This note provides a brief overview of the process for transferring the registration of a “foreign company” (or other body corporate) to be registered as a company in Australia.
As with most legal processes, there are specific conditions that must be met and a variety of supporting material to provide in order to implement the transfer process.
In considering a transfer process, people should also take appropriate legal, tax and accounting advice generally to ensure the transfer is implemented on an appropriate basis.
The basics to transfer registration to Australia
ASIC Form 202 (Application for registration of a body corporate as an Australian company) should be completed carefully and lodged with ASIC, together with the supporting documentation referred to below.
Lodgement of the ASIC Form 202 requires a lodgement fee of $382 with ASIC.
Once the transfer is processed by ASIC, the company is immediately “converted” from a foreign company registered in Australia to an Australian-registered company.
Transferring foreign incorporation requires Australian directors
The ASIC Form 202 must specify the type of Australian-registered company the relevant foreign company is to “convert” to.
Any incorporation transferring to become an Australian registered proprietary company must have at least one resident Australian director (a company secretary is optional, however if appointed, that secretary must reside in Australia).
Alternatively, if it is a public company, it must have a minimum of three directors (2 resident in Australia) and one company secretary resident in Australia.
Double-check the supporting documentation
Before lodging an ASIC Form 202, it is important to check that all relevant supporting material has been provided in the appropriate form.
If the materials are not provided in appropriate form, the application cannot go ahead and will not be processed by ASIC.
The key supporting material includes:
- Proof the company is not under external administration – ASIC requires the following documents to demonstrate that a company is not under external administration:
- a credit rating for the company from an approved information broker (eg Veda through GlobalX); and
- a declaration from a director (or a company resolution) that the company is solvent and no application has been made to wind up or approve a compromise or arrangement between the company and another person (in Australia or elsewhere).
- If documents evidencing the above points have been lodged with a foreign companies office (eg the NZ Companies Office (NZCO) (or relevant country Companies Office), evidence should consist of a document certified by NZCO (or relevant country Companies Office)).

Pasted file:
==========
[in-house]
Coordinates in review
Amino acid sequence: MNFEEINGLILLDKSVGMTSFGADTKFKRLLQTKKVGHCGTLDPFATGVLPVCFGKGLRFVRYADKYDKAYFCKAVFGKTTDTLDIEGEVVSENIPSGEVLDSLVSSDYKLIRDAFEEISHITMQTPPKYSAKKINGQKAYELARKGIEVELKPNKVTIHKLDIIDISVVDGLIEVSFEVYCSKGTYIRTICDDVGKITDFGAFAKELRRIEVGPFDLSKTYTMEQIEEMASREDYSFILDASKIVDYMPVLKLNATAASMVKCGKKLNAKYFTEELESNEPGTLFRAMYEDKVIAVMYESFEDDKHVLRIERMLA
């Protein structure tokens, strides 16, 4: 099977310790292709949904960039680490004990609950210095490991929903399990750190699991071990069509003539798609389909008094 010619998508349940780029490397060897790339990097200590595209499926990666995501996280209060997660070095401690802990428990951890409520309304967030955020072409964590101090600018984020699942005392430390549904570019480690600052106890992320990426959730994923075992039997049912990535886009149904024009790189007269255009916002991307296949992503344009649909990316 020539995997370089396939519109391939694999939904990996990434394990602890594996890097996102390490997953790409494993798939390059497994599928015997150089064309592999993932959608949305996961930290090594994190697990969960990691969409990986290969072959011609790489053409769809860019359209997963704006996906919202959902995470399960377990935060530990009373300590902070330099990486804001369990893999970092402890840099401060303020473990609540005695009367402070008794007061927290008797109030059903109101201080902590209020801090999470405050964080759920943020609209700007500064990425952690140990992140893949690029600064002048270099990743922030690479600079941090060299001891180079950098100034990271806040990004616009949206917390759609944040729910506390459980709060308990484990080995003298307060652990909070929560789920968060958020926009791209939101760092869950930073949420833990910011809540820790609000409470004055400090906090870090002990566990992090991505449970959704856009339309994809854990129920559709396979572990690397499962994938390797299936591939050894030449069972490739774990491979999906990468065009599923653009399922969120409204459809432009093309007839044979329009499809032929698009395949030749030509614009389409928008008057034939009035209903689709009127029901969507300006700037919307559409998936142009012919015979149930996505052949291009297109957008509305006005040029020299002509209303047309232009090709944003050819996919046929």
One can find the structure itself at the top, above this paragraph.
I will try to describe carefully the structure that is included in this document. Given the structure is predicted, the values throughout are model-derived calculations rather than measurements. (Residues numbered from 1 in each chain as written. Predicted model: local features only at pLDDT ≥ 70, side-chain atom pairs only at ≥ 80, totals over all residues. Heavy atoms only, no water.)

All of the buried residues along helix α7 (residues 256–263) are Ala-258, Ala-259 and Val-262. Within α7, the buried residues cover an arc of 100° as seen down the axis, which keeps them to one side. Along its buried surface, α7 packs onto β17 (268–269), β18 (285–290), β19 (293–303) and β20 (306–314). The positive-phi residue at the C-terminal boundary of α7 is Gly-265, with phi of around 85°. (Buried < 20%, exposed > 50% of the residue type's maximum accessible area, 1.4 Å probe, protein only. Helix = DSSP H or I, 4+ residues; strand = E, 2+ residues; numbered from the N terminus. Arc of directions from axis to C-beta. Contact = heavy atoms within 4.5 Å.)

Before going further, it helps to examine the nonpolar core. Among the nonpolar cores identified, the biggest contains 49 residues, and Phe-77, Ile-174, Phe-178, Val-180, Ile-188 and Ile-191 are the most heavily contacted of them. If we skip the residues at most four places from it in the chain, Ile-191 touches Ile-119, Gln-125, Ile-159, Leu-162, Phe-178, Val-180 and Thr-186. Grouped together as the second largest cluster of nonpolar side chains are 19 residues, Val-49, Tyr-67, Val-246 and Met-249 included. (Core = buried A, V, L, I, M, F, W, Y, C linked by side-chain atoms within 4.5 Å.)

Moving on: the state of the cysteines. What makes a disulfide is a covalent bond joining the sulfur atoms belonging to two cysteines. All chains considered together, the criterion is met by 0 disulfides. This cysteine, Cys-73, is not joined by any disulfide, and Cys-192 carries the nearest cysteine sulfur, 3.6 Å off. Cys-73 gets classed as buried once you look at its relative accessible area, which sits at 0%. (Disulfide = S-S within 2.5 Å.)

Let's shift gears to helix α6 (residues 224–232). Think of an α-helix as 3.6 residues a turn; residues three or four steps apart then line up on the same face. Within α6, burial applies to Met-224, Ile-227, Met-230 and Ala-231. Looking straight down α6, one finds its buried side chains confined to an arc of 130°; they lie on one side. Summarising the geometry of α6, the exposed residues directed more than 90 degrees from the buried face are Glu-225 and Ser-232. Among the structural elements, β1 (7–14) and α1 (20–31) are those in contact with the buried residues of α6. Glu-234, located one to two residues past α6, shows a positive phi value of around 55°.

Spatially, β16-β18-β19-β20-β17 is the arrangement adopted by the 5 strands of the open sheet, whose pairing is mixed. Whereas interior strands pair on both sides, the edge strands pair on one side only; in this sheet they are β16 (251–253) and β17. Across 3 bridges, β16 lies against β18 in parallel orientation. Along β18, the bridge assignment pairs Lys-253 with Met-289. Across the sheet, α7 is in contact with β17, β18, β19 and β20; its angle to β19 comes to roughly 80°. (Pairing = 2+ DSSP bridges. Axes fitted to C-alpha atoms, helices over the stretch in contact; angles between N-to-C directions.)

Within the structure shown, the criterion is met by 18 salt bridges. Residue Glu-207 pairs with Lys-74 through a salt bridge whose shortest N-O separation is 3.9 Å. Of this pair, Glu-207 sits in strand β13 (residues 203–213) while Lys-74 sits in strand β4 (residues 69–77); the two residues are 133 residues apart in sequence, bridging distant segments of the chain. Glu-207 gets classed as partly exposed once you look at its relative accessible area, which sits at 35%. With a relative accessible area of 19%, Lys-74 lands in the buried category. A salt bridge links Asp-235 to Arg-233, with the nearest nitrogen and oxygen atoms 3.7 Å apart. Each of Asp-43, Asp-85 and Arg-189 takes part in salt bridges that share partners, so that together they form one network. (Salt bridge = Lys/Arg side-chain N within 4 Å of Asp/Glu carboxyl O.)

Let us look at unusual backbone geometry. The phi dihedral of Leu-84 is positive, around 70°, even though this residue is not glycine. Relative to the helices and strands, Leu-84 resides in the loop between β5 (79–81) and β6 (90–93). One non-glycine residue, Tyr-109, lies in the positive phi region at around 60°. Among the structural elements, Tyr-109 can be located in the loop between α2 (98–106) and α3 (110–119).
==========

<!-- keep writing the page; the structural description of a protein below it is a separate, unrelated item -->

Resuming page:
- A written statement by a director or secretary (eg a statutory declaration) of the company confirming authorisation of the transfer of incorporation and stating the following:
- the proposed transfer of incorporation from the foreign country to Australia has been duly authorised;
- details of the foreign country’s legislation authorising the transfer and attaching a true copy of such legislation (note that there must be a reciprocal provision in the relevant country’s legislation to transfer the incorporation). In respect of this legislation, an extract of the relevant provisions together with covering page of the relevant Act is sufficient; and
- confirmation that the company has met the requirements of the relevant legislation of the foreign country.
- A certified copy of a current certificate of incorporation of the company in the foreign country. The certification must be done by the companies office of the other country or by a notary public if the companies office will not provide such certification. The certification should be dated no more than three months prior to its lodgement with ASIC.
- A certified copy of the company’s constitution (with the method of certification being the same as above).
Adopting a New Constitution
Once the transfer of registration is complete, the company should adopt a new constitution which is compliant with the Australian Corporations Act.
Removal of newly registered Australian entity from foreign companies register
Ensuring the removal of the newly registered Australian entity from its relevant foreign companies register also needs to be addressed.
Each country has its own unique processes and specific documentation requirements which should be followed. For example, a company that was registered in New Zealand must have its status as a New Zealand company removed from the New Zealand Companies Office. In the case of New Zealand for example, a Form 21 “Application for removal from New Zealand Register” must be signed by a company director, and be lodged with specific supporting documents.
Note: This insight contains commentary for general reference purposes only. It does not constitute legal advice and should not be relied on for any purpose. You should always seek specific legal advice based on your own individual circumstances.